No Investigation Into 1971 British War Crime In Ireland

The Ballymurphy Massacre, Belfast 1971 - British war crimes in Ireland
The Ballymurphy Massacre, Belfast 1971 – British war crimes in Ireland

The government of Britain has announced its refusal to investigate the Ballymurphy Massacre of 1971, a three-day killing spree by British troops in an Irish Nationalist enclave of west Belfast during the earliest days of the conflict in the north-east of Ireland.  Despite the demands for an independent investigation made by survivors and their families, politicians from across the Irish political spectrum, the government of Ireland, and members of the European Parliament and United States Congress the British Secretary of State Theresa Villiers has dismissed the need for such a tribunal. The events of that bloody year have been made clear through the work of dedicated researchers, historians and journalists.

In August 1971 the embattled British Unionist regime in the north-eastern part of Ireland imposed “internment” or imprisonment without trial upon the region, a previously tried-and-tested method of suppressing political opposition amongst the Nationalist community to the one-party administration at Stormont. Supported by the government of Britain the implementation of “Operation Demetrius” involved thousands of British paramilitary police officers and troops and the seizure of up to four hundred people from their homes and places of work across the territory in scenes of bloodshed not witnessed since Ireland’s War of Independence some sixty years earlier. Many of the detainees were processed through torture-centres like Castlereagh, some subject to “special interrogation” techniques overseen by military medical personnel, while others were fast-tracked to the sprawling Long Kesh Concentration Camp in County Down or the notorious holding pens of HMS Maidstone, a converted British naval vessel moored in Belfast Harbour. Over seven thousand people were displaced from their homes, many families fleeing across the border to the relative safety of refugee camps in the south, while the cities of Derry and Belfast erupted into virtual insurrection. In the latter the western district of Ballymurphy became the scene of one of the earliest massacres in the entire conflict. The perpetrators were soldiers of Britain’s Parachute Regiment, a unit that was to gain global infamy several months later when its members were ordered to attack a civil rights march in Derry murdering fourteen demonstrators and wounding dozens more. Over the course of three days in 1971 the soldiers of the “Paras” went on a killing-spree in Ballymurphy, at that time a relatively small Nationalist community easily isolated from the rest of the city.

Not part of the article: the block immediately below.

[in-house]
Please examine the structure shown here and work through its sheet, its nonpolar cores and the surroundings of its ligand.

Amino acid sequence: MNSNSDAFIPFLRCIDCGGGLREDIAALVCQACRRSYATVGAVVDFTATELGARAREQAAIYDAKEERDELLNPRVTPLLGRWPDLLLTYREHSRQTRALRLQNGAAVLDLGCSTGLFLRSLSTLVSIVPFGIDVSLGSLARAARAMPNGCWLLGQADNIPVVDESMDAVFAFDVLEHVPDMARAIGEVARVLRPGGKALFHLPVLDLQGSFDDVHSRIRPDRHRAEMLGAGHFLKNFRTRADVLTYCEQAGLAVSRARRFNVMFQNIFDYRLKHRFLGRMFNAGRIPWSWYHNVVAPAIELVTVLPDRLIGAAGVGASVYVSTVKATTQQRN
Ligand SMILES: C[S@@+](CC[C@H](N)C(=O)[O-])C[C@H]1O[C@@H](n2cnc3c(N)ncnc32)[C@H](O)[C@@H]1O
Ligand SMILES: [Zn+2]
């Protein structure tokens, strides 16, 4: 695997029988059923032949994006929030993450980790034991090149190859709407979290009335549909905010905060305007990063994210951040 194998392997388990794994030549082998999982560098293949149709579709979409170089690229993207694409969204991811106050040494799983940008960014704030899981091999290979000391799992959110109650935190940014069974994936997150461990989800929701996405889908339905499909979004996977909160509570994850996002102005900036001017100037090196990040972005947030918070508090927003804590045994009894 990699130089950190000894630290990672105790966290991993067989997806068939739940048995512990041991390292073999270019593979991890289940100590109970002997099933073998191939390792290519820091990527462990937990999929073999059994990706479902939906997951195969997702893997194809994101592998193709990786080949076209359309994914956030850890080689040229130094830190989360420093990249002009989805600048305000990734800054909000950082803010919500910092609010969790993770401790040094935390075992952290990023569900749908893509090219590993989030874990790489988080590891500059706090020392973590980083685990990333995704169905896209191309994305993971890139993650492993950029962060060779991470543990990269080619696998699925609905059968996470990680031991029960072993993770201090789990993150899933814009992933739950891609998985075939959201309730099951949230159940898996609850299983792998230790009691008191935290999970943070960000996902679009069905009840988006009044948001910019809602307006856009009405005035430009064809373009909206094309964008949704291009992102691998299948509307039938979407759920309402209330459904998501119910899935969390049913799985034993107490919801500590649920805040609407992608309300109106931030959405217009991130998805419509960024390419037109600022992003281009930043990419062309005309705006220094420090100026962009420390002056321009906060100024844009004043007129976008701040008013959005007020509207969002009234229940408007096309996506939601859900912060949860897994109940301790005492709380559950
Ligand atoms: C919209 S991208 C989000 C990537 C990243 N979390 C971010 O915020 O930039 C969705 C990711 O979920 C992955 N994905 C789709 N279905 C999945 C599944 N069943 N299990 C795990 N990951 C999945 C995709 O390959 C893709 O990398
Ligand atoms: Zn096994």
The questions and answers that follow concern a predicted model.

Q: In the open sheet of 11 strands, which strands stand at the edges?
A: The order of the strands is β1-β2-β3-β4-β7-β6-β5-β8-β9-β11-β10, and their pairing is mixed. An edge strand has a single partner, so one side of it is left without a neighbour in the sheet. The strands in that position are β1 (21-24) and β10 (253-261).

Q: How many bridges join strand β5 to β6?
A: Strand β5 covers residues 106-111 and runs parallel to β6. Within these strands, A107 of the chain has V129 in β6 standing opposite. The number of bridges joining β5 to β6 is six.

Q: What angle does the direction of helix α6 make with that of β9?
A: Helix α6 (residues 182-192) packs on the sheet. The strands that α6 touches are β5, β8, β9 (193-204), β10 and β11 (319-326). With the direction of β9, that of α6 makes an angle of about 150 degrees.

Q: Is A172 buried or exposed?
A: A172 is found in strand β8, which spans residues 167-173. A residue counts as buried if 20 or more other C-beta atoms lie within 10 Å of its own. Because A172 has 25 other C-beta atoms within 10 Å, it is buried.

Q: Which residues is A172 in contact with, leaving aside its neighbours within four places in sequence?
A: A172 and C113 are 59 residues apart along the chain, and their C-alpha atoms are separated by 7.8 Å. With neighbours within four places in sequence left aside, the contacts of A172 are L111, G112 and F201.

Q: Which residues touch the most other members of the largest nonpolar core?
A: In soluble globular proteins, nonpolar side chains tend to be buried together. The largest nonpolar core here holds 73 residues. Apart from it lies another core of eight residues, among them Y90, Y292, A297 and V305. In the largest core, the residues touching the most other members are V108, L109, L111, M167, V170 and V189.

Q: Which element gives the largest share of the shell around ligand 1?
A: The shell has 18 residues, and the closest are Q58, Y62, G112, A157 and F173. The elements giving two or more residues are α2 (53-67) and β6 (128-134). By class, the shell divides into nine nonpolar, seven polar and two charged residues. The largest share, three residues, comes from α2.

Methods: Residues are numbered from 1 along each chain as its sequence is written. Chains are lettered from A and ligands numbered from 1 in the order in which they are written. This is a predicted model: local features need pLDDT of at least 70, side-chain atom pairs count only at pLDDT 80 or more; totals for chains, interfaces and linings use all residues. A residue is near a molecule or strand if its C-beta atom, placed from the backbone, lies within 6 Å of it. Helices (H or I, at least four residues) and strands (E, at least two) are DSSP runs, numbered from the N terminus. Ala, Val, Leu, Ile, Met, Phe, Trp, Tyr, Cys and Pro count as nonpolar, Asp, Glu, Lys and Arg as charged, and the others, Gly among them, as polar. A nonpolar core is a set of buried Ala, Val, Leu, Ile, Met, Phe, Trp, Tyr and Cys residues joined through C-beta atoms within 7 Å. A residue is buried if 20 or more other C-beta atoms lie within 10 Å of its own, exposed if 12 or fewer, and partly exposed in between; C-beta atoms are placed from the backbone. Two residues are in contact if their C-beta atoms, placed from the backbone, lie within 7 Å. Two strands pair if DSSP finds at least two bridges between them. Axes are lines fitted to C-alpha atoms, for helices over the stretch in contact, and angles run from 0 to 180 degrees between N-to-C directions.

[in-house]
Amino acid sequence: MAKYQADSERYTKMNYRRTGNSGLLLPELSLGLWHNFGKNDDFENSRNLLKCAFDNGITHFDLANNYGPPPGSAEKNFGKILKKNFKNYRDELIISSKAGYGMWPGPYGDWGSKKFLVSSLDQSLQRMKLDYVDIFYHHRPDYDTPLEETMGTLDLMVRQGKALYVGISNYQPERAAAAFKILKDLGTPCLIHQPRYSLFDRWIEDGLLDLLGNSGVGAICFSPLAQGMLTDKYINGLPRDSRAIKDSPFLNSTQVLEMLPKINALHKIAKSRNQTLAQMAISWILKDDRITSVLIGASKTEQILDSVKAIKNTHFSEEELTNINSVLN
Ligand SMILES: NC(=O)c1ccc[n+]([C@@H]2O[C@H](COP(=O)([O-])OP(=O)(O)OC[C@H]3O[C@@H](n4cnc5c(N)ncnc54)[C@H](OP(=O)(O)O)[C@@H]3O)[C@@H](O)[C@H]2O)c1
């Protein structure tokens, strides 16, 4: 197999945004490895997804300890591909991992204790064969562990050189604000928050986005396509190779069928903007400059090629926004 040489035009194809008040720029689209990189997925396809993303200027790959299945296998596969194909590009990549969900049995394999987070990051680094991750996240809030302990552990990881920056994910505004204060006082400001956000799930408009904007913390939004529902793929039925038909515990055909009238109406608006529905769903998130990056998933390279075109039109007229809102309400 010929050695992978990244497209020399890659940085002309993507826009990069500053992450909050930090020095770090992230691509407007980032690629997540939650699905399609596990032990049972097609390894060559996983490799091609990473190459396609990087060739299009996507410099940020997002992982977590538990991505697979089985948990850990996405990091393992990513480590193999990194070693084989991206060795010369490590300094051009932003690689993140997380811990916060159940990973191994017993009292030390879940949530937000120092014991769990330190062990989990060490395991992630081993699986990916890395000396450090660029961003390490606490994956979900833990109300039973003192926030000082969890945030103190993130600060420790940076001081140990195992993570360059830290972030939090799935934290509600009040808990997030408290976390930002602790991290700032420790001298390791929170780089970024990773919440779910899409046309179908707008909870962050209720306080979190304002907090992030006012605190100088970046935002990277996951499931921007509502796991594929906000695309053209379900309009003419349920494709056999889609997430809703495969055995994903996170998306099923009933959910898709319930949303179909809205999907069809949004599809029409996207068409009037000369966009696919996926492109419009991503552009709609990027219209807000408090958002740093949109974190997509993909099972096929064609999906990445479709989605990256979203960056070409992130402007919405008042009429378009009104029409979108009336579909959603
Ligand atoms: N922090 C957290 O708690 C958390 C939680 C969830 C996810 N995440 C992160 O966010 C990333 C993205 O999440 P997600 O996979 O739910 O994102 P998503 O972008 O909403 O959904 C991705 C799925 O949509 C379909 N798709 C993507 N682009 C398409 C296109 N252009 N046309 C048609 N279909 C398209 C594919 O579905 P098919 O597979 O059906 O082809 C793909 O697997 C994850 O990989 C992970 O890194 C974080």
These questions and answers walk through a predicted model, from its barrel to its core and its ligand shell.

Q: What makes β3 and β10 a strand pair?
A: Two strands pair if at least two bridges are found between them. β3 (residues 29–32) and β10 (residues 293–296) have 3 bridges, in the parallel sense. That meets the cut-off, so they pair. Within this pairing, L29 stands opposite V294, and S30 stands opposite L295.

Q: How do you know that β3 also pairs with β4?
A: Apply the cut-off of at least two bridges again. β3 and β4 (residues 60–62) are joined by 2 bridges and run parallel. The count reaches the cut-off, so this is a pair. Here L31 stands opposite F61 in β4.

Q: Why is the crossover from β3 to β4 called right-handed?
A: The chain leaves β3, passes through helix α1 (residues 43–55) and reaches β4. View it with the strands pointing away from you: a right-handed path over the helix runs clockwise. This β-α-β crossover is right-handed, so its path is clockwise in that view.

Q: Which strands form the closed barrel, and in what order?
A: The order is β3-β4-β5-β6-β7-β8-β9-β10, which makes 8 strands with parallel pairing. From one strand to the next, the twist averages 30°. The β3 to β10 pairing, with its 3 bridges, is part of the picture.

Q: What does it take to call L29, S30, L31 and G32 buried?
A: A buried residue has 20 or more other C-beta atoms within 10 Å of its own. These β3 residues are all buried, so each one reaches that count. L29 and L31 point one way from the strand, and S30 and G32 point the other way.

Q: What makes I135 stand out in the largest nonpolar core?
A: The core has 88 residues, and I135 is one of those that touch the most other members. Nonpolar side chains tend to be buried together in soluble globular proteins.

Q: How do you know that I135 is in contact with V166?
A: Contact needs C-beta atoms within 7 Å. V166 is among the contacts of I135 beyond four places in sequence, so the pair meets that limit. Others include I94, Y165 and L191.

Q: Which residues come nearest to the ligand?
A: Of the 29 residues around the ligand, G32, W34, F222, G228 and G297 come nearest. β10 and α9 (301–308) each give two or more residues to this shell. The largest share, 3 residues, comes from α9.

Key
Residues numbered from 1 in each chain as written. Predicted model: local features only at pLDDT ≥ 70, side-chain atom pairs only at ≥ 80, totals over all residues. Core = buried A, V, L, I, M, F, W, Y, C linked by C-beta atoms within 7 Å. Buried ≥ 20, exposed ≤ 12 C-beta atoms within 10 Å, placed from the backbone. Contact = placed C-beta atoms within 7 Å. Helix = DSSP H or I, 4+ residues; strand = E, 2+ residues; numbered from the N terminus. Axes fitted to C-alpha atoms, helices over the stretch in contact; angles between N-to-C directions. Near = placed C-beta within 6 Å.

Starting on the night of the 9th of August paratroopers began to target random members of the civilian population, the first death relating to the wounding of Bobby Clarke, shot by a military sniper while trying to carry a child to safety during attacks by British terror gangs from the neighbouring Springmartin estate. When local people went to his aid they were pinned down by fire from nearby troops until a local priest, thirty-eight year old Father Hugh Mullan, moved out into the open waving a white cloth. Despite the danger he managed to reach the injured man, establish that he was alive, before being shot in the back as he retreated to safety. Witnessing the second shooting a nineteen year old youth, Frank Quinn, rushed out to help the priest but he too was shot, this time in the back of the head. Both men eventually died of their injuries, their bodies left in the open for some time before they could be safely recovered by local people.

Joan Connolly, a fifty year old Irish mother of eight murdered by British troops during the Ballymurphy Massacre of 1971
Joan Connolly, a fifty year old Irish mother of eight murdered by British troops during the Ballymurphy Massacre of 1971

Meanwhile soldiers based at a recently commandeered building known as the Henry Taggart Memorial Hall began firing on the surrounding neighbourhood. A number of people were caught in the open when the shooting commenced and sought refuge in a small field opposite the installation. Nineteen year old Noel Phillips was one of several wounded youths trapped in the location and as he lay on the ground Joan Connolly, a fifty year old mother of eight, rushed to his aid. Almost immediately she was shot in the side of the head by one of the ubiquitous British snipers, the impact removing part of her face and blinding her. According to eyewitnesses she stumbled on, local women screaming at her to follow their voices until the soldiers, realising that she might make it to cover, fired several shots at her legs. She collapsed to the ground, another bullet slamming through both her shoulder and her hand as she held it up begging for help.